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To use clinical vignettes to understand antimicrobial prescribing practices in neonatal intensive care units (NICUs).
Four tertiary care NICUs.
Antibiotic prescribers in NICUs.
Clinicians from 4 tertiary care NICUs completed an anonymous survey containing 12 vignettes that described empiric, targeted, or prophylactic antibiotic use. Responses were compared with Centers for Disease Control and Prevention guidelines for appropriate use.
Overall, 161 (59% of 271 eligible respondents) completed the survey, 37% of whom had worked in NICUs for 7 or more years. Respondents were more likely to appropriately identify use of targeted therapy for methicillin-susceptible Staphylococcus aureus, that is, use of oxacillin rather than vancomycin, than for Escherichia coli, that is, use of first-generation rather than third-generation cephalosporin, (P < .01). Increased experience significantly predicted appropriate prescribing (P = .02 ). The proportion of respondents choosing appropriate duration of postsurgical prophylaxis (P < .01) and treatment for necrotizing enterocolitis differed by study site (P = .03).
The survey provides insight into antibiotic prescribing practices and informs the development of future antibiotic stewardship interventions for NICUs.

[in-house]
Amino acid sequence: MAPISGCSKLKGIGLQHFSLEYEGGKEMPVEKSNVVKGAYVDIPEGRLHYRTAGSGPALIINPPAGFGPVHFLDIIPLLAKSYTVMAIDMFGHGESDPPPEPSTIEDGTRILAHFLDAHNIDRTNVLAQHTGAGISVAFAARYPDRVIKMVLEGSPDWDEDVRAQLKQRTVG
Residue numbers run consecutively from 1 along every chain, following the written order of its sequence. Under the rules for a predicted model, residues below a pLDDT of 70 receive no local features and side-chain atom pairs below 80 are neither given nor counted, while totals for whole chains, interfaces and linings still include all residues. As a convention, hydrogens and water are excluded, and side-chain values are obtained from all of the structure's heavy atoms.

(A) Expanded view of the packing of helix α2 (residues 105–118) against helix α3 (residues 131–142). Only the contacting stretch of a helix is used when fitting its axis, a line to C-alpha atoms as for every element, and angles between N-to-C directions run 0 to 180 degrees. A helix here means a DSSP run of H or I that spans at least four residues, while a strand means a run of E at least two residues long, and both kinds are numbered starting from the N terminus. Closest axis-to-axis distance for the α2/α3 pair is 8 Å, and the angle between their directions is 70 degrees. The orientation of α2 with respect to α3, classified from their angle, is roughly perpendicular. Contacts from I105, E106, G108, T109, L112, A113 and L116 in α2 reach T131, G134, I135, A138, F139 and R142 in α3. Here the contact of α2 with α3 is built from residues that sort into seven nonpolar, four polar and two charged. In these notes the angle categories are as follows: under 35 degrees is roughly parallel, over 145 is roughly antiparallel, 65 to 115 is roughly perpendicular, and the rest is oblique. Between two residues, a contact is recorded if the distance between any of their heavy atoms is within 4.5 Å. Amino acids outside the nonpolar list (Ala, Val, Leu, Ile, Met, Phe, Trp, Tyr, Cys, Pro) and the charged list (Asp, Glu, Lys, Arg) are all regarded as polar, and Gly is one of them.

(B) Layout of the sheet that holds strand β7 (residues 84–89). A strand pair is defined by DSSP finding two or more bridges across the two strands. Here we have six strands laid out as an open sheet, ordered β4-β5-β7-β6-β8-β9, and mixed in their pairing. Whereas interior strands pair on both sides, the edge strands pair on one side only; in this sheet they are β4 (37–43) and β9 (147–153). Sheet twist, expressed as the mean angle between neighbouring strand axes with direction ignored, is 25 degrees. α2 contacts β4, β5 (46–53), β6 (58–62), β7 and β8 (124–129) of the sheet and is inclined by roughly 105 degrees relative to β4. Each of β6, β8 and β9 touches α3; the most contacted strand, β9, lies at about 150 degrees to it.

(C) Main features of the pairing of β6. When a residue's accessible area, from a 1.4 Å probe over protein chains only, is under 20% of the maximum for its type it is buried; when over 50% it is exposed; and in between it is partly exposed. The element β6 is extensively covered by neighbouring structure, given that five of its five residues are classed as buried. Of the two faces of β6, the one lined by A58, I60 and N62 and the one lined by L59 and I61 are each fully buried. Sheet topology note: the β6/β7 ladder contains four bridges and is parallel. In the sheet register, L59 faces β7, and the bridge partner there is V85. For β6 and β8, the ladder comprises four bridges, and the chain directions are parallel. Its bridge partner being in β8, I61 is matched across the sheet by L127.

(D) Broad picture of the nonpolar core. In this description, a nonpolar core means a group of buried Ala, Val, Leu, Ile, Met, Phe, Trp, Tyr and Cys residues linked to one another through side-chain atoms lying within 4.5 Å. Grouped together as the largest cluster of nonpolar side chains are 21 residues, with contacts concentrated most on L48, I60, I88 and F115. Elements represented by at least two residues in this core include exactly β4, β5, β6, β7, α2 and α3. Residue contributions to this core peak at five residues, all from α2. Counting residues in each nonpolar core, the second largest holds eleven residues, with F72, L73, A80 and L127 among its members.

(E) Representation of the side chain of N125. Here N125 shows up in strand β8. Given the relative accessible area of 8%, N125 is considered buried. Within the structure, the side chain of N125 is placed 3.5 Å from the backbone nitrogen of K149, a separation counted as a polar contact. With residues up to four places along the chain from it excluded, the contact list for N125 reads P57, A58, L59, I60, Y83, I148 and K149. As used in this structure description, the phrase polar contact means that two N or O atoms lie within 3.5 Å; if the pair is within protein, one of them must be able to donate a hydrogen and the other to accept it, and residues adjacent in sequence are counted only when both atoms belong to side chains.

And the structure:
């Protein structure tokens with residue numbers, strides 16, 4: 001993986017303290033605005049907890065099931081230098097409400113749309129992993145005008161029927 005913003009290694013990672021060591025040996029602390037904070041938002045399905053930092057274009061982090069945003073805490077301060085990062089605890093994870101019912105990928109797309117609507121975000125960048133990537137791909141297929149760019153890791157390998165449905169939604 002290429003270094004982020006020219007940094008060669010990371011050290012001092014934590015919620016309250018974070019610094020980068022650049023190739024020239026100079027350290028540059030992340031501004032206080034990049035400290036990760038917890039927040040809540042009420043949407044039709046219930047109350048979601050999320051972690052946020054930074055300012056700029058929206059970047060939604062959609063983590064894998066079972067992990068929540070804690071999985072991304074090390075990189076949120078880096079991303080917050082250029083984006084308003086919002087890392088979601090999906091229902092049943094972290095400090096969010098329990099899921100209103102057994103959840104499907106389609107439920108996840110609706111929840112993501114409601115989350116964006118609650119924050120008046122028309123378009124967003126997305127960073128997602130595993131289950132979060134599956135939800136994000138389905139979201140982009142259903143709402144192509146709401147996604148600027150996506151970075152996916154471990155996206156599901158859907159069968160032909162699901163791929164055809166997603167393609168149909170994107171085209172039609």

To test in a real-world setting the recommendations for measuring infection with multidrug-resistant organisms (MDRO) from the Society for Healthcare Epidemiology of America (SHEA) and the Centers for Disease Control and Prevention's Healthcare Infection Control Practices Advisory Committee (HICPAC).
Using data from 3 hospital settings within a healthcare network, we applied the SHEA/HICPAC recommendations to measure methicillin-resistant Staphylococcus aureus (MRSA) infection and colonization. Data were obtained from the hospitals' electronic surveillance system and were supplemented by manual medical record review as necessary. Additionally, we tested (1) different definitions for nosocomial incidence, (2) the effect of excluding patients not at risk from the denominator for hospital-onset incidence, and (3) the appropriate time period to use when including or excluding patients with a prior history of MRSA infection or colonization from nosocomial rates. Negative binomial regression models were used to test for differences between rate definitions. A rating scale was created for each metric, assessing the extent to which manual or electronic data elements were required.
There was no statistically significant difference between using 72 hours or 3 calendar days as the cutoff to define hospital-onset incidence. Excluding patients not at risk from the denominator when calculating hospital-onset incidence led to statistically significant increases in rates. When excluding patients with a prior history of MRSA infection or colonization from nosocomial incidence rates, rates were similar regardless of whether we looked at 1, 2, or 3 years' worth of prior data.
The SHEA/HICPAC MDRO metrics are useful but can be challenging to implement. We include in our description of the data sources and processes required to calculate these metrics information that may simplify the process for institutions.